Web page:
مواجهه جنین با داروهای تجویزی و گرایش های جنسی بزرگسالان
|کد مقاله||سال انتشار||مقاله انگلیسی||ترجمه فارسی||تعداد کلمات|
|39735||2005||12 صفحه PDF||سفارش دهید||محاسبه نشده|
Publisher : Elsevier - Science Direct (الزویر - ساینس دایرکت)
Journal : Personality and Individual Differences, Volume 38, Issue 1, January 2005, Pages 225–236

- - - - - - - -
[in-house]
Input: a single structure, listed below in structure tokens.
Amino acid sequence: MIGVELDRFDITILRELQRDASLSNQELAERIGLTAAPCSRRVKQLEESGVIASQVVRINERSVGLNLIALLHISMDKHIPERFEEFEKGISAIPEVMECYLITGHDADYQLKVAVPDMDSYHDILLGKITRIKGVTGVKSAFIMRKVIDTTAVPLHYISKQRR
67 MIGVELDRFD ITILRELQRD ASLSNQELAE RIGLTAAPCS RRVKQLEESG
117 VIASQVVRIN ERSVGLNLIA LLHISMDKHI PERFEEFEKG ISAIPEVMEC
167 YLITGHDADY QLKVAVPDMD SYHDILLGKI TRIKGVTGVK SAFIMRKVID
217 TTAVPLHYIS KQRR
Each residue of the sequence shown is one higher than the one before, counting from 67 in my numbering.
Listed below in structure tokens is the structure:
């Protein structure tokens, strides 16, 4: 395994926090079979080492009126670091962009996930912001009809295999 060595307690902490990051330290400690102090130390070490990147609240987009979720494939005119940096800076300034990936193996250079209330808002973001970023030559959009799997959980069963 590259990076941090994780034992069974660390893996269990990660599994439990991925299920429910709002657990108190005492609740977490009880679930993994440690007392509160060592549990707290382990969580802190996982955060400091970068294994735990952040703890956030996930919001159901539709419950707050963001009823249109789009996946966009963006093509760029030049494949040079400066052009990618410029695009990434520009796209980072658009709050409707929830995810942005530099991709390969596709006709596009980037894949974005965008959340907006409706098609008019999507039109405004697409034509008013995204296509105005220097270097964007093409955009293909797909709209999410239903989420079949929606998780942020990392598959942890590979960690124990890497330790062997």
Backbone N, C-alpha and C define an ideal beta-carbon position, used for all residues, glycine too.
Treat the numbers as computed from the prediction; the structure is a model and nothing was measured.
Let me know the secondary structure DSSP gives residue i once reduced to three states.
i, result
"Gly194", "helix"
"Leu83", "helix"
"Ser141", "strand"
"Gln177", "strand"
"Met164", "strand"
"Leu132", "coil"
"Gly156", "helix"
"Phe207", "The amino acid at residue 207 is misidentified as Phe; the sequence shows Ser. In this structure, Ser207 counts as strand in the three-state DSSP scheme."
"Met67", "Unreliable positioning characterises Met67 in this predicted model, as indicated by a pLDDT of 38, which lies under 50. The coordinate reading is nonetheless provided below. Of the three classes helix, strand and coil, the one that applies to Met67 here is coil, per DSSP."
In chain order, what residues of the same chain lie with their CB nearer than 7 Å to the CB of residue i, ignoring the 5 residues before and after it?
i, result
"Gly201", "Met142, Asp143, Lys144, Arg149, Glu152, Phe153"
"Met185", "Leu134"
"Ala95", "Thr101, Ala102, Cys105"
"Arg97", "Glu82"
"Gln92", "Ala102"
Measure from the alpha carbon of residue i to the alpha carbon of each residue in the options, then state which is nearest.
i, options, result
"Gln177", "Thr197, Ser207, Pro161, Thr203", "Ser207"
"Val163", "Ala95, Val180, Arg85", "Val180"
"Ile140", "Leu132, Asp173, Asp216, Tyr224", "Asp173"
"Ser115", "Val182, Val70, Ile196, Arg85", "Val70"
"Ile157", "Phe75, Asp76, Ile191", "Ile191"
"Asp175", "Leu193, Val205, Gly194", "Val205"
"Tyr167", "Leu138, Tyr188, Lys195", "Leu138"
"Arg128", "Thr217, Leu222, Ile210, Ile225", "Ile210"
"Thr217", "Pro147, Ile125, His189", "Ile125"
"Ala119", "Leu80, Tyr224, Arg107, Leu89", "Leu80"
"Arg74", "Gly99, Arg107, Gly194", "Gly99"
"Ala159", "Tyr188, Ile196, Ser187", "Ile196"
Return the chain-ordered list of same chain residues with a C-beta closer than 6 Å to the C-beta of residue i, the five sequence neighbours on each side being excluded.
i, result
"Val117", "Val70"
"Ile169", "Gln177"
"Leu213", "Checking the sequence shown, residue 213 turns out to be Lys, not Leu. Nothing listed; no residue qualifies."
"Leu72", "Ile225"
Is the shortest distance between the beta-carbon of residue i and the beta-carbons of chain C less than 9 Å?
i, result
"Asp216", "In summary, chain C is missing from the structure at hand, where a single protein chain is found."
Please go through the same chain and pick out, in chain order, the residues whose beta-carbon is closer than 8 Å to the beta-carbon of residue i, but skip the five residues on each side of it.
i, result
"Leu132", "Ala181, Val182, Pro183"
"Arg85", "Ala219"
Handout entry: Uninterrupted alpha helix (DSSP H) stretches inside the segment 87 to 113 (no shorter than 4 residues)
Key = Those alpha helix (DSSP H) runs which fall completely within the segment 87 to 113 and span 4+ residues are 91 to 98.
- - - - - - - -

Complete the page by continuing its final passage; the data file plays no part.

This study was undertaken to determine if prenatal exposure to therapeutic drugs contributes to variations in sexual orientation. Especially suspect were drugs that could affect the delicate balance of sex hormone levels that appear to guide the sexual differentiation of the fetal brain. The recollections of 5102 mothers concerning their use of therapeutic drugs during pregnancy were linked to reports of the sexual orientation of their offspring (as provided by either the offspring themselves or by their mothers). About 14% of the mothers recalled having taken at least one of 19 prescription drugs (or classes of drugs) during their pregnancy. Regarding male offspring, little evidence was found that prenatal exposure to any of these medications was associated with variations in sexual orientation. However, even after controlling for age, education, and self-rated recall ability of the mothers, exposure to two types of drugs was significantly related to sexual orientation among female offspring. One type consisted of amphetamine-based diet pills and the other was comprised of synthetic thyroid medications. A month-by-month analysis revealed that during the first trimester consumption of all prescription drugs was unusually high for mothers of female homosexual offspring. Prescription medications that affect the mother’s and/or the female fetuses’ developing immune system may alter the feminization/demasculinization of the brain in ways that cause variations in the offspring’s adult sexual orientation.